And your everyday signal that rates are rising? Just check your price at the pump. If gas prices are up, it’s likely that mortgage rates are, too.
Housing Starts on single-family homes gained last month, marking the 8th time that’s happened this year.
A “Housing Start” is a home for which the foundation has been excavated and, considered alongside other key market metrics, September data suggests that the housing market stabilization is complete.
Momentum in housing is overwhelmingly positive:
- Homes under contract are soaring
- National home supplies are way down
- Home values are up in a lot of markets
Despite the positive news, the press is calling September’s Housing Starts data a “bummer“. Citing a drop in monthly building permits, the media purports that housing will slow in the months ahead.
The conclusion may be right, but the rationale may be wrong.
The probable cause for fewer permits isn’t that the housing market is overdone. It’s that home builders are choosing to exercise caution given the pending expiration of the First-Time Home Buyer Tax Credit and a still-growing number of foreclosed homes.
It’s unclear what housing demand will be beginning in December and the last present a builder wants for the holidays is an excess of inventory.
It makes sense that building permits are down, in other words.
Looking back at February of this year, there’s a host of signs that housing is on the path to recovery. Now, that path won’t be a straight line and there’s bound to be setbacks, but September’s Housing Starts is not one of them.
Housing Starts are up 40 percent on the year.
The new Good Faith Estimate makes its debut January 1, 2010.
Expanded from 1page to 3, the legislators responsible for the new Good Faith Estimate want it to be simpler for homeowners and home buyers to understand than the former version.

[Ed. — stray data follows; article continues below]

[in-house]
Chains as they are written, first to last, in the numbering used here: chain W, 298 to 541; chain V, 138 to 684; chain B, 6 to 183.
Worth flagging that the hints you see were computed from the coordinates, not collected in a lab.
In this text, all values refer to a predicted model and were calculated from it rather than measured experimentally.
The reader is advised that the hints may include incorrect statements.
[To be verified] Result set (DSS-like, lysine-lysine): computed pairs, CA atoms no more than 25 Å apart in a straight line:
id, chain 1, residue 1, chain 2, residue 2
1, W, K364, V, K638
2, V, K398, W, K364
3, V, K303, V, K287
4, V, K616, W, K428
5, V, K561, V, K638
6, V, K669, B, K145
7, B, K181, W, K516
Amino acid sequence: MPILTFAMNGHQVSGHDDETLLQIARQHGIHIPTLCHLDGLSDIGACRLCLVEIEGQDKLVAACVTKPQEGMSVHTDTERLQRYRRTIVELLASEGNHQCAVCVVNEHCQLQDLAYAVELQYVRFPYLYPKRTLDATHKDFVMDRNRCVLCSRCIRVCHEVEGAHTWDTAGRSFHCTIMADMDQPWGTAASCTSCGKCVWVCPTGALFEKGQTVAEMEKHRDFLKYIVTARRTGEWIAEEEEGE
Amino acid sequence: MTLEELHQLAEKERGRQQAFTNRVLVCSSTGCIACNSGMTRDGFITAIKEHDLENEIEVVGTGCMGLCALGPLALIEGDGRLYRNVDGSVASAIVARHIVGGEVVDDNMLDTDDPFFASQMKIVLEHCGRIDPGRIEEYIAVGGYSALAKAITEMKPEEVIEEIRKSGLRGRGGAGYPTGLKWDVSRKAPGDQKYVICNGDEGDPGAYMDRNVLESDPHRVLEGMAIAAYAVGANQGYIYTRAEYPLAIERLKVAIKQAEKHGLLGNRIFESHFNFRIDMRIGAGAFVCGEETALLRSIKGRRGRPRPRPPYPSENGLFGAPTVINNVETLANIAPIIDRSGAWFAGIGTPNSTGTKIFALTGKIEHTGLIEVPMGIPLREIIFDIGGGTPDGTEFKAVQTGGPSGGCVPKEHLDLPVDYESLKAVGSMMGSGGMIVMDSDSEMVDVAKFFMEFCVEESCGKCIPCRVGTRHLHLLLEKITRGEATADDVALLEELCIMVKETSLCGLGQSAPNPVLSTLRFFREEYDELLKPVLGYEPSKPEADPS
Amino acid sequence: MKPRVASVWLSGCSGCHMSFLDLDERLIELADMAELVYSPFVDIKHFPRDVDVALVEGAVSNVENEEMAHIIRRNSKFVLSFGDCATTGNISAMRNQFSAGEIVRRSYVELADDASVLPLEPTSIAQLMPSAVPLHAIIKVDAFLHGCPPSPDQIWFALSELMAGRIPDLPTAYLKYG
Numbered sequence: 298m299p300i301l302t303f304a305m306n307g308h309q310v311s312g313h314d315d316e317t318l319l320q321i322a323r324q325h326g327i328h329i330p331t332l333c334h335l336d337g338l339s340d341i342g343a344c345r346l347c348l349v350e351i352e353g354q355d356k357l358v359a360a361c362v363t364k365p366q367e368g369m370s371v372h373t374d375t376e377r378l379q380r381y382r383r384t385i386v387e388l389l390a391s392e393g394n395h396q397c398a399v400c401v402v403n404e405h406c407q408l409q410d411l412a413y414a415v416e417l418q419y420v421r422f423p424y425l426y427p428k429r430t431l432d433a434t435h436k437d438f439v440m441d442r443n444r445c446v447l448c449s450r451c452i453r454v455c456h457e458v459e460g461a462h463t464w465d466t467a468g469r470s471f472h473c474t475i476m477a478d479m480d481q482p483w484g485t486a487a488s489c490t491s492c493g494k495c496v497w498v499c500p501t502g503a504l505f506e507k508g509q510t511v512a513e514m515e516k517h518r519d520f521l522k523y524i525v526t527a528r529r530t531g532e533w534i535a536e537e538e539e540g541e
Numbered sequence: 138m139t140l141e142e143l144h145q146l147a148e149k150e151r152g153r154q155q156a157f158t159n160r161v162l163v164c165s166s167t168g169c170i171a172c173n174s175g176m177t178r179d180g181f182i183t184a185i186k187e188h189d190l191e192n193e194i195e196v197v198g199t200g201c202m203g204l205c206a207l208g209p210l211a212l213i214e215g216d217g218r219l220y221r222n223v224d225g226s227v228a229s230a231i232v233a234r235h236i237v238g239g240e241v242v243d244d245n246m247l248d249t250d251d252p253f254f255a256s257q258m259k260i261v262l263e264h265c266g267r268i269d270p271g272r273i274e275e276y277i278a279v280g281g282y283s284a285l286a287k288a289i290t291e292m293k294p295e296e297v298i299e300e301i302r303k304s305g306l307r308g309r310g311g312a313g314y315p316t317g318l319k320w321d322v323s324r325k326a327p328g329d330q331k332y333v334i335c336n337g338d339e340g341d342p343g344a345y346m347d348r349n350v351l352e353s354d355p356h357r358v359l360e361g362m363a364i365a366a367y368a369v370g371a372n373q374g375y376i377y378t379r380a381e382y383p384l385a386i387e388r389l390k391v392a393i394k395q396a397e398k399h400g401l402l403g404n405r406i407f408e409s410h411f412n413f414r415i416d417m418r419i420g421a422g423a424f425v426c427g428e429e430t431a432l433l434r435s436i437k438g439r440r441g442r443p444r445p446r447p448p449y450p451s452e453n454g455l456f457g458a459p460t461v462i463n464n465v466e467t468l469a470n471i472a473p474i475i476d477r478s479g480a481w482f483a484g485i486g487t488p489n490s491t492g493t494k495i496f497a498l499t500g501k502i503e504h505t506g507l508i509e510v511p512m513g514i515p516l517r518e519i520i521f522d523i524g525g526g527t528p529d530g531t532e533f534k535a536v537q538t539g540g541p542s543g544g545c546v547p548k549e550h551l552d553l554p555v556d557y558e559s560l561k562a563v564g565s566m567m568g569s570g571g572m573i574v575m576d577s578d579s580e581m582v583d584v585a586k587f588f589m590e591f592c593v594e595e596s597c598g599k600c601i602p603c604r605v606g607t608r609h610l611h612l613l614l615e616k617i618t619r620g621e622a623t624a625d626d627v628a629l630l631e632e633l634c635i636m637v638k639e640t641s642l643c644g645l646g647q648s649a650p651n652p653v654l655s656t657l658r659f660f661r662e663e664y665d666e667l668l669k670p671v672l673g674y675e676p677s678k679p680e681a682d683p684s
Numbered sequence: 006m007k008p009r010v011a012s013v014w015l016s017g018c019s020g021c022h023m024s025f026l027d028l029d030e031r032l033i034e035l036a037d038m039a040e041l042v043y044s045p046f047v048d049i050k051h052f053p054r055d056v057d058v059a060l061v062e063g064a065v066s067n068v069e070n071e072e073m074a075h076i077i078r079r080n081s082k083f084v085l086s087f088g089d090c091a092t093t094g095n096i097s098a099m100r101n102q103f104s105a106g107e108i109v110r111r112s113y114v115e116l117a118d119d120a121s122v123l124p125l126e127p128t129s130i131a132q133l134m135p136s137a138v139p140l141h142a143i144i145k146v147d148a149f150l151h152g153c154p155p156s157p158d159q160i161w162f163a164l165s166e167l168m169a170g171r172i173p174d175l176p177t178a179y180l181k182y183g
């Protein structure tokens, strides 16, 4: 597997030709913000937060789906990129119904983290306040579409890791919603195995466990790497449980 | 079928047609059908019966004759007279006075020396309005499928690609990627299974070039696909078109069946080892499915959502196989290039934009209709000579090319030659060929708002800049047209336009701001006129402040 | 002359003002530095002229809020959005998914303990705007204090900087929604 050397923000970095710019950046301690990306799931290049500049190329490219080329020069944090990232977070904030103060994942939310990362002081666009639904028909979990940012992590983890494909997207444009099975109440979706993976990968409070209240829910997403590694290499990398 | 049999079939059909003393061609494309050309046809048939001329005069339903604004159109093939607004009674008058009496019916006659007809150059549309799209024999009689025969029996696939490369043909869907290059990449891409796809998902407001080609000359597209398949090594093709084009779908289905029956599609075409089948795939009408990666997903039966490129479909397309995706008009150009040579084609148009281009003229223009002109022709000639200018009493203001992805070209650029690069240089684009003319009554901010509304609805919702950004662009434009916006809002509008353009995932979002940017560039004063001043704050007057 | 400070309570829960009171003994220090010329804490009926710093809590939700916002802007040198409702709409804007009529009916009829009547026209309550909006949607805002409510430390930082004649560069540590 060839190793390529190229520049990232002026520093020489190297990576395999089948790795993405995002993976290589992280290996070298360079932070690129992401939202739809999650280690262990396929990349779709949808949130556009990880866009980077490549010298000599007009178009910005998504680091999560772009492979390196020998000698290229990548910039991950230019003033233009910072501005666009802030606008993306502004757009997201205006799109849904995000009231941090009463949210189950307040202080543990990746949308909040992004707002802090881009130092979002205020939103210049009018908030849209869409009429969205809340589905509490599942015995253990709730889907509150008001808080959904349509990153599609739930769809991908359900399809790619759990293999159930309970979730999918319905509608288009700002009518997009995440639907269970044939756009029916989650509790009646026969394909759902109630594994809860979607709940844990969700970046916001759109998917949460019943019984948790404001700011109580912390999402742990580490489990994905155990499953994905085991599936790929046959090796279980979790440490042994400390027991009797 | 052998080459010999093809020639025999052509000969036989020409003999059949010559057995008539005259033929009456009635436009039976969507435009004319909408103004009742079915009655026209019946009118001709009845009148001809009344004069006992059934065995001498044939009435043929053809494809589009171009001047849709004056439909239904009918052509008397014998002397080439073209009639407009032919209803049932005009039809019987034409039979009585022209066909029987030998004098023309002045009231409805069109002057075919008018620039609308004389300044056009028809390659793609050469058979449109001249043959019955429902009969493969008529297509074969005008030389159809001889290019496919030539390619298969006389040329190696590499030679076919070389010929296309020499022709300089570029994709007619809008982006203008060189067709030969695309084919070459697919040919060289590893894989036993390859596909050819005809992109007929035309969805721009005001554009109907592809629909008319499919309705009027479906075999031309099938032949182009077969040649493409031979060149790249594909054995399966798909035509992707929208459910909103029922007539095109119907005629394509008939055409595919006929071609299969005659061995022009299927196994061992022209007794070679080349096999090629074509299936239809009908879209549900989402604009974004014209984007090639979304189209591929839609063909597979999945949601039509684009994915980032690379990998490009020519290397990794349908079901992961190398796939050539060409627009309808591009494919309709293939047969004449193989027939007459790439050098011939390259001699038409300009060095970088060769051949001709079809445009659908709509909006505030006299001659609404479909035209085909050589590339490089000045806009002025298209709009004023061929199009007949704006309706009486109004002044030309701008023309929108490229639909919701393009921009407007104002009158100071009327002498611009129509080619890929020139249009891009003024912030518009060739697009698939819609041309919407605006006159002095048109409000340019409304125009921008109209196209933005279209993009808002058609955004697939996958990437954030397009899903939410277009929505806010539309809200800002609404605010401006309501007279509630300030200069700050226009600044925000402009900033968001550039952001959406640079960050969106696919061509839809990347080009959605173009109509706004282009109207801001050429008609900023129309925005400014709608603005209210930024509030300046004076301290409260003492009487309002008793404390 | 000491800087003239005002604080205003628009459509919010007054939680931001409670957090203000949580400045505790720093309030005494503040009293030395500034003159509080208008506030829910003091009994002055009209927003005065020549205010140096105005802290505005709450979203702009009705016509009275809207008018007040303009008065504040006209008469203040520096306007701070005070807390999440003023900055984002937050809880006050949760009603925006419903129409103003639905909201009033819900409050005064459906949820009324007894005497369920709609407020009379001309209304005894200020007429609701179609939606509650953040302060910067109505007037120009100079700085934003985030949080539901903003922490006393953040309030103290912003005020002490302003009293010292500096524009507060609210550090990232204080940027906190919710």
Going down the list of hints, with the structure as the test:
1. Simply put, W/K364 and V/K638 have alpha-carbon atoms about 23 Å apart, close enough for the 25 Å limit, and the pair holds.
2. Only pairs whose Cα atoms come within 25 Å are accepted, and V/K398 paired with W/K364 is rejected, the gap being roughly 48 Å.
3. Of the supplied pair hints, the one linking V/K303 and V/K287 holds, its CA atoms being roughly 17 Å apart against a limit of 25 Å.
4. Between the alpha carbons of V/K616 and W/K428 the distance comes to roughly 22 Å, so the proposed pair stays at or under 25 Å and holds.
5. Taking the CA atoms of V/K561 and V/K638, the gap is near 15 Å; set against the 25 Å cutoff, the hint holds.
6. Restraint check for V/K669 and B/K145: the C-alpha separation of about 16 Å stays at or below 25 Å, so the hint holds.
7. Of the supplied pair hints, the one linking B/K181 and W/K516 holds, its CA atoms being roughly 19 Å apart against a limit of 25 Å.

By most accounts, Congress will meet this goal.
The new Good Faith Estimate includes plain-English explanations of every fee, charge, and interest payment involved in a purchase or refinance. It also includes a section called “The Shopping Cart” in which applicants can compare lenders.
The new Good Faith Estimate is concise, too. Using a series of “Yes/No” checkboxes on Page 1, mortgage lenders specifically note:
- The interest rate on the mortgage
- Whether the interest rate can change over time
- Whether the loan carries a prepayment penalty
- The length of the rate lock
Currently, this information is spread across 3 separate forms.
Furthermore, the new Good Faith Estimate simplifies rate-and-fee comparisons, showing applicants how a lower rate can be available for a higher set of fees, and vice versa.
For all of its clarity, though, the new Good Faith Estimate still fails to address the issue of “suitability”. As in, is this the right loan for the right borrower? That’s something only a loan officer can do.
For suitable advice, talk with a loan officer who both listens to your needs and helps you plan for them. Great terms on an unsuitable loan are often worse than “good” terms on the right one.
Over time, towel racks tend to come loose from sheetrock walls. And, sometimes, they separate completely. The good news is that making repairs is easy — it’s something you can do yourself with a little instruction.
In this 2-minute video from ExpertVillage.com, a professional contractor shows that with just a drill and some butterfly anchors, re-securing a towel rack can be a basic handyman job.
So, before you call a professional to rehang your towel rack, watch the video and consider making the repair yourself.